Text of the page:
Ukraine (Україна in the Ukraine language) had been one of the four original republics that had formed the USSR in 1922 (the others were the Russian, Transcaucasian and Byelorussian republics). Until the breakup of the Soviet Union in 1991, Ukraine required a definite article in English, because that was short for The Ukraine Republic. After 1991, when Ukraine became a country in its own right, the definite article was dropped in the official English translation.
Above: The press conference on our arrival at Borispol, Kiev. Since this was a military facility the only media present, as far as I could discover, was the British Aerospace film unit (top left of the image) - they had their own company transport aircraft and had joined the tour in Leningrad.
Ukraine had, in 1990, more than 50 million people and stretched over 1,300 km from east to west and over 800 km from north to south. We were told by our hosts (who were mainly Ukrainian) that everyone could speak Russian, but Ukrainian was given equal prominence in all public places, in newspapers, and on radio and television. The Ukrainian language has a mixture of Cyrillic and English letters and it sounded to me familiar yet almost totally incomprehensible.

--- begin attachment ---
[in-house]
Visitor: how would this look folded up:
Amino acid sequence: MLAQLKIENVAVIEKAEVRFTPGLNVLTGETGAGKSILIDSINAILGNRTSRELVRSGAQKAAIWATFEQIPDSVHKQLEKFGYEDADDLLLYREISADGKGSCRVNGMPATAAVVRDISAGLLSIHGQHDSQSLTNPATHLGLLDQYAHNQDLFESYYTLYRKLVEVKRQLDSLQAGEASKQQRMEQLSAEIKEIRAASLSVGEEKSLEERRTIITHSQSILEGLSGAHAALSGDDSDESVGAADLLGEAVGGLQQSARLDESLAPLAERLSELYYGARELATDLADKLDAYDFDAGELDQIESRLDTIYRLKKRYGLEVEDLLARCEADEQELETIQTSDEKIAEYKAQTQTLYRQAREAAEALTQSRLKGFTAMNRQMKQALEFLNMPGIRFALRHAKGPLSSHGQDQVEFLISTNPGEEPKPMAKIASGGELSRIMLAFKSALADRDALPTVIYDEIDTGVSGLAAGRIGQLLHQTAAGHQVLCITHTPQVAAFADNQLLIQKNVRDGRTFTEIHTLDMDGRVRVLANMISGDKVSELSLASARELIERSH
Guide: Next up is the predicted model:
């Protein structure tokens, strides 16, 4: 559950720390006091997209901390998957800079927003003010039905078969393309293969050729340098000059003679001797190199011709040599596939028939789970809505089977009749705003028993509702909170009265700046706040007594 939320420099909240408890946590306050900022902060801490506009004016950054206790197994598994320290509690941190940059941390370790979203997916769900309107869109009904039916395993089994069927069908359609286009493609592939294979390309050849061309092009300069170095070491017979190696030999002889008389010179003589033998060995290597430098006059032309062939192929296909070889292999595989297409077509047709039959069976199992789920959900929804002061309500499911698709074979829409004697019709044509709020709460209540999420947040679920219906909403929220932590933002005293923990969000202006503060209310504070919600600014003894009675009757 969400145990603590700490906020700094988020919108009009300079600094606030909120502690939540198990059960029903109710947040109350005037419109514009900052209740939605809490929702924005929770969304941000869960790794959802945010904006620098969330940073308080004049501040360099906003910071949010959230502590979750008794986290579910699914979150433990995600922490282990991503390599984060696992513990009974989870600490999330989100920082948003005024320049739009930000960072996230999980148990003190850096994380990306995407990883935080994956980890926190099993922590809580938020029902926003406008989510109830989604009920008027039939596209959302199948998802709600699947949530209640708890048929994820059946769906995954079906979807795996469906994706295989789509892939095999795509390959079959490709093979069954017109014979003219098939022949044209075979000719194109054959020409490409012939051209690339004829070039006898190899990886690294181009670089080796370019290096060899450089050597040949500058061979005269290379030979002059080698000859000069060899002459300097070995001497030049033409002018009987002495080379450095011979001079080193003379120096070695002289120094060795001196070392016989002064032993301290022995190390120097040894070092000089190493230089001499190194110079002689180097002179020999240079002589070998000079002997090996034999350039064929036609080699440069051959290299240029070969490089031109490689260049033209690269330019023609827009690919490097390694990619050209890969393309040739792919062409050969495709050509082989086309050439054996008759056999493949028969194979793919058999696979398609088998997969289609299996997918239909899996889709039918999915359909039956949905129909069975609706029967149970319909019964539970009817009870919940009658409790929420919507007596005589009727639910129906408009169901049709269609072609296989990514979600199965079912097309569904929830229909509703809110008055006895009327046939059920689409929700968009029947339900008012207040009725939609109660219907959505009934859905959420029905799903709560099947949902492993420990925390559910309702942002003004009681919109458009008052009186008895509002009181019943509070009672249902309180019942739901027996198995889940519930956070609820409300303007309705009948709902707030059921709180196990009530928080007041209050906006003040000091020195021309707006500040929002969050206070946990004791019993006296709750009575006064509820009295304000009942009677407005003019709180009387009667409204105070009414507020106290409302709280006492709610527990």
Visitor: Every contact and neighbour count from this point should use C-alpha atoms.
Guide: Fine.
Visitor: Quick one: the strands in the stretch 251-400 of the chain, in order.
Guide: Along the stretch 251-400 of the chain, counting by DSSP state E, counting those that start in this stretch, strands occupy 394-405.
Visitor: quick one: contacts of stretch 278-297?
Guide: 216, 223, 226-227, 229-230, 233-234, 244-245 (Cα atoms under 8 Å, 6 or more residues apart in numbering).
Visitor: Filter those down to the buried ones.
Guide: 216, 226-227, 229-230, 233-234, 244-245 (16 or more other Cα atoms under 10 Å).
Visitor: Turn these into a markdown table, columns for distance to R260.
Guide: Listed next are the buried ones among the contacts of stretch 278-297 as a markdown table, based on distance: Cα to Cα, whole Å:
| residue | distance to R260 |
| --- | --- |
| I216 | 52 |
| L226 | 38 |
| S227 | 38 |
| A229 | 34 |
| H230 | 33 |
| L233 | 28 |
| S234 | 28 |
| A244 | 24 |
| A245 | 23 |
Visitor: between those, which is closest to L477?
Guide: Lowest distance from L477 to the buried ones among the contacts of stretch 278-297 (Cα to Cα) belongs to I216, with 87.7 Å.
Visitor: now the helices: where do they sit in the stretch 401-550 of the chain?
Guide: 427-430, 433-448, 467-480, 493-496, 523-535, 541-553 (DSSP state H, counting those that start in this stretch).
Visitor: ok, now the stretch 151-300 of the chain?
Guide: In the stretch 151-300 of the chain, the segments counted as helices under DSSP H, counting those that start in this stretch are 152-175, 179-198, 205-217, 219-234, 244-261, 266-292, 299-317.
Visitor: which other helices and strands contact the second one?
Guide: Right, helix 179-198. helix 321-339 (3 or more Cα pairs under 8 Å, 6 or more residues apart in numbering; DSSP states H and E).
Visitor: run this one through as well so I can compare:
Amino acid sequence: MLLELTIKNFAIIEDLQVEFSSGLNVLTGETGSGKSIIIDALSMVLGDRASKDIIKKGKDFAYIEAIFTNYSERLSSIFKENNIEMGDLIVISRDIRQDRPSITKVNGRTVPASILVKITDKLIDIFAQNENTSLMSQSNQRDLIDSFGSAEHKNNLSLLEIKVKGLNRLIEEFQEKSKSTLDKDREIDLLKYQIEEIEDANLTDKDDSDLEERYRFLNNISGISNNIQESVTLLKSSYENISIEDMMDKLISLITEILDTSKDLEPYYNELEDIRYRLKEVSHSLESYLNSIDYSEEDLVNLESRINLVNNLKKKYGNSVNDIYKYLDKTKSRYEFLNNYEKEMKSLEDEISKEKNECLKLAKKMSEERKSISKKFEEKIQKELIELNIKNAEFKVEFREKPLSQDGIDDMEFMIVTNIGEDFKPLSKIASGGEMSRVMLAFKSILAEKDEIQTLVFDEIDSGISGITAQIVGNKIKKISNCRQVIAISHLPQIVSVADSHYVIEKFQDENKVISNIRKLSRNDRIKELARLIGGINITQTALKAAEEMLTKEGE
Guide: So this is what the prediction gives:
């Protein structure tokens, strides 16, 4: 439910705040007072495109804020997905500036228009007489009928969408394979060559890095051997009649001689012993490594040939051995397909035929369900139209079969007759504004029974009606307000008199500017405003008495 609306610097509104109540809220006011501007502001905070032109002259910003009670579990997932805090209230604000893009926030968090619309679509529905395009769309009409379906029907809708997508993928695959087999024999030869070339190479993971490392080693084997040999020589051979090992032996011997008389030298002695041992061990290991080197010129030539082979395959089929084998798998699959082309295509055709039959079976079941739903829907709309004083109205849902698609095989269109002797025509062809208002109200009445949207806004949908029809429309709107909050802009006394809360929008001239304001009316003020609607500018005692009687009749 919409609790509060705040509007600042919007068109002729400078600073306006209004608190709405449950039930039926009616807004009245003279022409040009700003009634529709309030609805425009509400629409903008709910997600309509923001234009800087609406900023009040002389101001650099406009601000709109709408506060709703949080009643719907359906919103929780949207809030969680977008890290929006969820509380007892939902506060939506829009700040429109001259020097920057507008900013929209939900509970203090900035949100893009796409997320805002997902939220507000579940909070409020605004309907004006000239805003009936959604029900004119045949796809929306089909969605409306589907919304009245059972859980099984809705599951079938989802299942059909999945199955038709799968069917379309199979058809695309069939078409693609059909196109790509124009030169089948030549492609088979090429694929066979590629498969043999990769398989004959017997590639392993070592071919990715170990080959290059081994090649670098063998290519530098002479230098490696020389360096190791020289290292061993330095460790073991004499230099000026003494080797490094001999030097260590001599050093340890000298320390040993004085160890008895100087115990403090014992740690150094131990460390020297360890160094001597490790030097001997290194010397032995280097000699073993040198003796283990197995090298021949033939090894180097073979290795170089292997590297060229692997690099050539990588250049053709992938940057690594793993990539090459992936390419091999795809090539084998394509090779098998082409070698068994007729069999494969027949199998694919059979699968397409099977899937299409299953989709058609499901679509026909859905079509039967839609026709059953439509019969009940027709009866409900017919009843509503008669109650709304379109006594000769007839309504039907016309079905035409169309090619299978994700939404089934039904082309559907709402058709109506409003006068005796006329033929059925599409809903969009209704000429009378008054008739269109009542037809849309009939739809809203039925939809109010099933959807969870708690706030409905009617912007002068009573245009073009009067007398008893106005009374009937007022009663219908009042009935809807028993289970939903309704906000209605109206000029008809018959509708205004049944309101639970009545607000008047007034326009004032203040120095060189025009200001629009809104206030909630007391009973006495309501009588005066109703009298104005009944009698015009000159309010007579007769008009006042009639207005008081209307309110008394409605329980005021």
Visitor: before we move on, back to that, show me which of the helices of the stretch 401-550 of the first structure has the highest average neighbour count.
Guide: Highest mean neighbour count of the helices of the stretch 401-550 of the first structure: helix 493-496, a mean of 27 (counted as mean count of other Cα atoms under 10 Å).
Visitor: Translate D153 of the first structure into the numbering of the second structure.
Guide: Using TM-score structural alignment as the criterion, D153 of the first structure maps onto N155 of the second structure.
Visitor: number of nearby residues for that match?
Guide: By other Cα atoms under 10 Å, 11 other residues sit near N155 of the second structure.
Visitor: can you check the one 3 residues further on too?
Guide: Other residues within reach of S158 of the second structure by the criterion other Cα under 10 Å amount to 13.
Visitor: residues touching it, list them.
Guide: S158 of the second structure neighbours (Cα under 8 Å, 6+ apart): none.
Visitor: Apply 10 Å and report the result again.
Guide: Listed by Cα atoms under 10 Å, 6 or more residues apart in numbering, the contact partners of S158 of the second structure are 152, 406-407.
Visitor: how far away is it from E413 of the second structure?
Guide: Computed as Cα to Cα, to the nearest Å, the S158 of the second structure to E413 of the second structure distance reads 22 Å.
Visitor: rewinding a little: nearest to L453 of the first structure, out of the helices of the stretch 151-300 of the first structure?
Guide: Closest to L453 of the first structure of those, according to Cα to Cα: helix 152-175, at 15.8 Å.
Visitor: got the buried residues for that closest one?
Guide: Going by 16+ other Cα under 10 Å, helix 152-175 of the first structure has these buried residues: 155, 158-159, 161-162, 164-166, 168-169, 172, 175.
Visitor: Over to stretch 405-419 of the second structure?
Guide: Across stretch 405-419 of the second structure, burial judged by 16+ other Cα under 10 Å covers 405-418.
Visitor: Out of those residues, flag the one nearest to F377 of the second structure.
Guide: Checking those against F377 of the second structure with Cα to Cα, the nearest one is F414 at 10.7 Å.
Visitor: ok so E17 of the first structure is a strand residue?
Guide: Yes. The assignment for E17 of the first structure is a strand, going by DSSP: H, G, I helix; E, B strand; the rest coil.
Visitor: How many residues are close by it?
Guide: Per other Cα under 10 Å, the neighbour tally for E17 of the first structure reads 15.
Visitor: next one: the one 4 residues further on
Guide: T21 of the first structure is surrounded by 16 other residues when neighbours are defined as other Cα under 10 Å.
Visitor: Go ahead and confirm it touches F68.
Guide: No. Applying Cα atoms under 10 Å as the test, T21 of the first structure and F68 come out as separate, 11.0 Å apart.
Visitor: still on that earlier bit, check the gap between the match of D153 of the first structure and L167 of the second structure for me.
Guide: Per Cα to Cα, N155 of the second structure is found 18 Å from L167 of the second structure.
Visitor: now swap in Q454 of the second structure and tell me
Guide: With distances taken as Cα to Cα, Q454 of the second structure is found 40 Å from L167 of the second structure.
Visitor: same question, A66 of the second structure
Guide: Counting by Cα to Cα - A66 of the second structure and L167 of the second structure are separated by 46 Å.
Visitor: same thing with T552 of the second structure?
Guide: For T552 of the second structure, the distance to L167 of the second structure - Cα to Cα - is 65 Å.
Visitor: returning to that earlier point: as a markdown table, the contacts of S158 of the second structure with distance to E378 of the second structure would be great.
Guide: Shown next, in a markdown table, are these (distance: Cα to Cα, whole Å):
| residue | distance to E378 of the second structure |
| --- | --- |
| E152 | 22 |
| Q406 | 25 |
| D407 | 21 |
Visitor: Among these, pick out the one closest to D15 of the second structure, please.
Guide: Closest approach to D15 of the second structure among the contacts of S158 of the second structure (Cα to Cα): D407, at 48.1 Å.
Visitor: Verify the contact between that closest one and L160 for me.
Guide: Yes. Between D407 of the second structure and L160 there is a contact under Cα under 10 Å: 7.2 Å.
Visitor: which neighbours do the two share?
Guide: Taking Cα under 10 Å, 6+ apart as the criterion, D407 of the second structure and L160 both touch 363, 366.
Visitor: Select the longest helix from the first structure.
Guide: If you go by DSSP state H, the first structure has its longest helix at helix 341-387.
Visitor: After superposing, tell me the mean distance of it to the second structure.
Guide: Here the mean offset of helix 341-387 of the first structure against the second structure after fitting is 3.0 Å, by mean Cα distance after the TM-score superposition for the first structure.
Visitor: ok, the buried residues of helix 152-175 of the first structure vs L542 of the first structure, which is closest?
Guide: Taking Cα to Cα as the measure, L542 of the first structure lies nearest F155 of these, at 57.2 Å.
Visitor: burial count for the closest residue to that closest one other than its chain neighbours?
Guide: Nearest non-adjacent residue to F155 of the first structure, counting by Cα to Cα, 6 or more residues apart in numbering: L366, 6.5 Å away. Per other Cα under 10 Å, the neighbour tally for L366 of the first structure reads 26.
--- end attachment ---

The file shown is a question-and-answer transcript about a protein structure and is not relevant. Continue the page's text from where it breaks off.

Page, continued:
Kiev (Київ), the capital of Ukraine, sits astride the River Dneiper. Kiev had been the third largest city in the Soviet Union, after Moscow and Leningrad, and Ukraine had been the third largest republic in the union, after Russia and Kazakhstan. But times 'they were a-changing' when I was there in 1990 with the Red Arrows. (In 2018, there are now even bigger troubles between Ukraine and Russia.)
There was a general reorganisation of aircraft seating before leaving Leningrad for Kiev. The British Ambassador and his wife, Sir Rodric and Lady Braithwaite, hitched a lift in the BAe 125 with the Air Attaché, while the Doctor and I transferred to the support Hercules. In addition we had collected a couple of Soviet interpreters who flew with us in the Hercules. They could have been KGB, I suppose, but at least they were friendly and helpful. The weather was excellent, the flights uneventful, and the entire detachment arrived at Borispol in mid-afternoon.